Wednesday 1 July 2020 - Monocle Minute | Monocle

Wednesday. 1/7/2020

The Monocle Minute

Image: Alamy

Opinion / Tomos Lewis

Oh Canada

Today will be my sixth Canada Day since moving to Toronto and, as flags are unfurled and fireworks ring out, I still enjoy the feeling of being, effectively, an outsider looking in on the festivities that mark my adopted home’s national day. Like all such holidays, its meaning and significance tend to vary depending on who you ask. That’s particularly true in a city such as Toronto, where more than half of those of us who live here were born somewhere else.

Canada Day will mean something quite different to those who were offered refuge here – from wars in Syria, Afghanistan or Vietnam, or upheavals in Venezuela and Hong Kong – than it does to Canada’s large and long-standing European, Chinese, Iranian and Caribbean communities, for example. It is a contested date on the calendar for Canada’s First Nations and Indigenous communities, for whom Canada Day is the commemoration of the moment their marginalisation in the life of the nation was formalised and written into law. Many Canadians also tend to find some sense of national validation by looking south to the US – where July 4th celebrations take place this weekend – and gain reassurance that life north of the border feels, in many respects, better and fairer. But the protests against systemic racial bias in the US have taken place just as vociferously in Canadian cities too, sharpening conversations and calls for institutional reform.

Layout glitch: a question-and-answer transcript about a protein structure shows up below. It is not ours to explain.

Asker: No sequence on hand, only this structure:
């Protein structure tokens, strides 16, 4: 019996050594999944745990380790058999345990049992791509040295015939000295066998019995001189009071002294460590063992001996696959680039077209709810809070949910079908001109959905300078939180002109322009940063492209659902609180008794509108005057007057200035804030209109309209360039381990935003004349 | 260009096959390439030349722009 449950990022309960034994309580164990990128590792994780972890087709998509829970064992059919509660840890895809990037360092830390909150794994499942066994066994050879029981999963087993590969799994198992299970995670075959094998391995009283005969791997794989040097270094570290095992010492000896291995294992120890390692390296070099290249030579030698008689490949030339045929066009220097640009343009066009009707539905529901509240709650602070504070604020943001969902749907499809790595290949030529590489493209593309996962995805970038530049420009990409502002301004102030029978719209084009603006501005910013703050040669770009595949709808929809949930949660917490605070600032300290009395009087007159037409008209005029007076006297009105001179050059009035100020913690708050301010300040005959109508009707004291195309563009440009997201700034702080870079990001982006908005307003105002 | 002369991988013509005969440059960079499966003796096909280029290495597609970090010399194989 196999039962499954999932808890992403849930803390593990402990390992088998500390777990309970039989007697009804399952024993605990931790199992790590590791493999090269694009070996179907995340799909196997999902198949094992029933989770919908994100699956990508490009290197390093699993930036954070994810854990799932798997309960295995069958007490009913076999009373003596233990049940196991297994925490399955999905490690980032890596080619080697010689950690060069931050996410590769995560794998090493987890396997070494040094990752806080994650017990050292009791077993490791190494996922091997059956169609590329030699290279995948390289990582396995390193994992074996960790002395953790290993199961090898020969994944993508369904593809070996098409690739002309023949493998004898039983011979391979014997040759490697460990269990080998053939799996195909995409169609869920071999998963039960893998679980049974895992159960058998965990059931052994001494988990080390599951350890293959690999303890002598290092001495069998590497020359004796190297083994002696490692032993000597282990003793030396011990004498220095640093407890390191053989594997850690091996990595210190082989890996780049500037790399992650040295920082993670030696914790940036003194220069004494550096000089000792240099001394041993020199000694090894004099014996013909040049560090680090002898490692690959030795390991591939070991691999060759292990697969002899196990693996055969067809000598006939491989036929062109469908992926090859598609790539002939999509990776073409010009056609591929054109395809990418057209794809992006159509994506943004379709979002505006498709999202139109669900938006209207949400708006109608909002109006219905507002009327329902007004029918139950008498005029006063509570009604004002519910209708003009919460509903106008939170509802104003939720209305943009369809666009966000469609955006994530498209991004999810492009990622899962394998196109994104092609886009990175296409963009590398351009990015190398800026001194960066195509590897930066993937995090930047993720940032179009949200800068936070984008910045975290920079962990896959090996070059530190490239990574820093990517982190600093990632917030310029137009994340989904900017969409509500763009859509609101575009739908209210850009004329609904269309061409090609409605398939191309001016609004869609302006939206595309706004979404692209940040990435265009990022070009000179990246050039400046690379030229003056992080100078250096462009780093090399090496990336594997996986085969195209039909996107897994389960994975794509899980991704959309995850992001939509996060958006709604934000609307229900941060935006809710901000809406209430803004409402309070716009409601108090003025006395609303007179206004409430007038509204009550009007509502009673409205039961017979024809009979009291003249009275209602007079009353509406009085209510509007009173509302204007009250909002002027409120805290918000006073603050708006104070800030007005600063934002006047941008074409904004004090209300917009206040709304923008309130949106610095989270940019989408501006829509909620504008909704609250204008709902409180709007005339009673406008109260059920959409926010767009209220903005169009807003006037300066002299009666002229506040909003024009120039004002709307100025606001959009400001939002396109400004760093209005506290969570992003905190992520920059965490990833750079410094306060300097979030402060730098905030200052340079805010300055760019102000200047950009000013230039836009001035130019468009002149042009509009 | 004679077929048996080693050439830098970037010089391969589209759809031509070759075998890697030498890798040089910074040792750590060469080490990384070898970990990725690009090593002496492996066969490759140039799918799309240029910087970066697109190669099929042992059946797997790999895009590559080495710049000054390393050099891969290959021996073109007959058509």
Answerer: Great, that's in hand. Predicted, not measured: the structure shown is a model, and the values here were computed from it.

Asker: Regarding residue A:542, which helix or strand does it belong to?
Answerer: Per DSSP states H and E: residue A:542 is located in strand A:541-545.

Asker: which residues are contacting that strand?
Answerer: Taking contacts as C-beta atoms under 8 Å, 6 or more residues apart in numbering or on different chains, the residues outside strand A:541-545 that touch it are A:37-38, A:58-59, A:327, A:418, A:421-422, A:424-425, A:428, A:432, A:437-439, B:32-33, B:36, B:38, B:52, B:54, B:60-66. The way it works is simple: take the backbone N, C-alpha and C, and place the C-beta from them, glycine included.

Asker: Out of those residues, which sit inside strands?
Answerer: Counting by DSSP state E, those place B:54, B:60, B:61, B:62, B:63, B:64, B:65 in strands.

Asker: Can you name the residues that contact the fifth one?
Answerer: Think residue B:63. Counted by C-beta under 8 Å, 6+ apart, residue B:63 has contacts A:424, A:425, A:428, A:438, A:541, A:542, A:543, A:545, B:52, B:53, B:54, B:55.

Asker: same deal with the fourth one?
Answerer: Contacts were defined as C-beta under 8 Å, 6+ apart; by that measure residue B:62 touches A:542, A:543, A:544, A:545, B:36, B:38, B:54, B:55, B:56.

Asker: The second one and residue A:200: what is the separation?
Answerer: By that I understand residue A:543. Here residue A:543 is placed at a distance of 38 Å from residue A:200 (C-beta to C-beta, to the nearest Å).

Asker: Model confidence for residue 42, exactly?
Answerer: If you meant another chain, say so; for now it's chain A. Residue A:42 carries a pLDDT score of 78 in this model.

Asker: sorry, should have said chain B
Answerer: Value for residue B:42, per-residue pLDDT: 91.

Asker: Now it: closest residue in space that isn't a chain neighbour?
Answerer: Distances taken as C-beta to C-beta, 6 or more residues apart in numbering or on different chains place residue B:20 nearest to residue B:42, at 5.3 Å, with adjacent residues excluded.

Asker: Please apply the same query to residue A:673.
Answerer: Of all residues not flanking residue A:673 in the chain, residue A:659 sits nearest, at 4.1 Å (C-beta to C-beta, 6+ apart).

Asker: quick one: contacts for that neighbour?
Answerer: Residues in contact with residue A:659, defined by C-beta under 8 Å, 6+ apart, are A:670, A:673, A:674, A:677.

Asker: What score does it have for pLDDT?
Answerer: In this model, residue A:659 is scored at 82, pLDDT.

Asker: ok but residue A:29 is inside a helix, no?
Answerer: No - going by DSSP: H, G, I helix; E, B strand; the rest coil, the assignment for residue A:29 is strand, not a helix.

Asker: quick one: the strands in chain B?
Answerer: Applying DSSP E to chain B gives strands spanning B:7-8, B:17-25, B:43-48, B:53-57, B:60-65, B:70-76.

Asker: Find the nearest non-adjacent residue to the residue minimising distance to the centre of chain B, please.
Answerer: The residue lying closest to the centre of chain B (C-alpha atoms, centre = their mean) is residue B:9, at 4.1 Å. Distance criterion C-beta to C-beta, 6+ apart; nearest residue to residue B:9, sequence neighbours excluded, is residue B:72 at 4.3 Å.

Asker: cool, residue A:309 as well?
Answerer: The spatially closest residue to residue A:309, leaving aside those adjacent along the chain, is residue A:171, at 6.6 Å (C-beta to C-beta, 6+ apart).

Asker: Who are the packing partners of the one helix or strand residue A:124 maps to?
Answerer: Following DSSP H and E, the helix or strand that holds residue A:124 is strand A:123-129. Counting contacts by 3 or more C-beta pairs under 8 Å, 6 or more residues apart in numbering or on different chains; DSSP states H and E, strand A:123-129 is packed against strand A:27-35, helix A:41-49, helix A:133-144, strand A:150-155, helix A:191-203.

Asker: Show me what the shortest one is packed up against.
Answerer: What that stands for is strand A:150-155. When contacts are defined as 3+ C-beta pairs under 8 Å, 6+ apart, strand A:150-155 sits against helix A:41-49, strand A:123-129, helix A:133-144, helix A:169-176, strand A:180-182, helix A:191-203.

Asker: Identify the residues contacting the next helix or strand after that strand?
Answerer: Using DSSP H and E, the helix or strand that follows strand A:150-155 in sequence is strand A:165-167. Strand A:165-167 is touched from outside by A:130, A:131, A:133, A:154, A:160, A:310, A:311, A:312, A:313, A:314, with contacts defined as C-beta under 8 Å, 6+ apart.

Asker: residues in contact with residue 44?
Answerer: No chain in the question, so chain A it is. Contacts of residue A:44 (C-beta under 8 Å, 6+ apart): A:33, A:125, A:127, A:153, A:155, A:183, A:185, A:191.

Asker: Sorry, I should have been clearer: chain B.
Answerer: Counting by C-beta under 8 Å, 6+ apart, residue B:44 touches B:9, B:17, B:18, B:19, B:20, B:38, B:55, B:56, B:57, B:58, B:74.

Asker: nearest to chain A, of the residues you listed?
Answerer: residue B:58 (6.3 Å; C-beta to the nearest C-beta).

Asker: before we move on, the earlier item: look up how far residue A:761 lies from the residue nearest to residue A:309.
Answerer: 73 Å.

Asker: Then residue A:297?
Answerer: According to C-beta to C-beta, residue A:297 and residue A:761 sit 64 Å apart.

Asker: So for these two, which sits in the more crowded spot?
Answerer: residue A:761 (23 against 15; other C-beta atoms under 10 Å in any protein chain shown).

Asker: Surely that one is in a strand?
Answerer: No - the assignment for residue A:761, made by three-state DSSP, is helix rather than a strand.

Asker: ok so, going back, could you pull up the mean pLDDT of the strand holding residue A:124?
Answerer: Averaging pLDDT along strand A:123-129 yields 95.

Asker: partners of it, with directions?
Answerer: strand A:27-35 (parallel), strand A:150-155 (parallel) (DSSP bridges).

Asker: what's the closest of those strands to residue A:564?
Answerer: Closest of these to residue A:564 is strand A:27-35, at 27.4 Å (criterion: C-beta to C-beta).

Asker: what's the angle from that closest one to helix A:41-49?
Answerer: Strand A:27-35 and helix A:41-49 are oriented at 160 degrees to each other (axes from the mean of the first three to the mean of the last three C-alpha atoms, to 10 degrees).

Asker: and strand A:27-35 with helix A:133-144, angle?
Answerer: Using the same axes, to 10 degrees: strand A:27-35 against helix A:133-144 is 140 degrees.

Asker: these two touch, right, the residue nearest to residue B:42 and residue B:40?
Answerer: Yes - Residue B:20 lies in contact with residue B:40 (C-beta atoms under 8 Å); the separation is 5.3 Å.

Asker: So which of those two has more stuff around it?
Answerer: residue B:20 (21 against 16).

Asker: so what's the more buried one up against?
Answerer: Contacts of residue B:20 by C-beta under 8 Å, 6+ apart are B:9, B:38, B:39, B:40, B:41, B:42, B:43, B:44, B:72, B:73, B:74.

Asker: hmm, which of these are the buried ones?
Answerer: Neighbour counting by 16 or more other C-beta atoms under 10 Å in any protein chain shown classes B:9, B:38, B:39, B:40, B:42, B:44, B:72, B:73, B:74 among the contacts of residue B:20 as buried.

This year’s holiday will be more subdued than usual – most official events have been scaled back or called off due to the coronavirus pandemic. But it’s a pause that feels especially potent this year: many communities across the country should take this moment to reflect, demonstrate, unpick and, indeed, celebrate what Canada means to them.

Image: Getty Images

Politics / Hong Kong

Fight or flight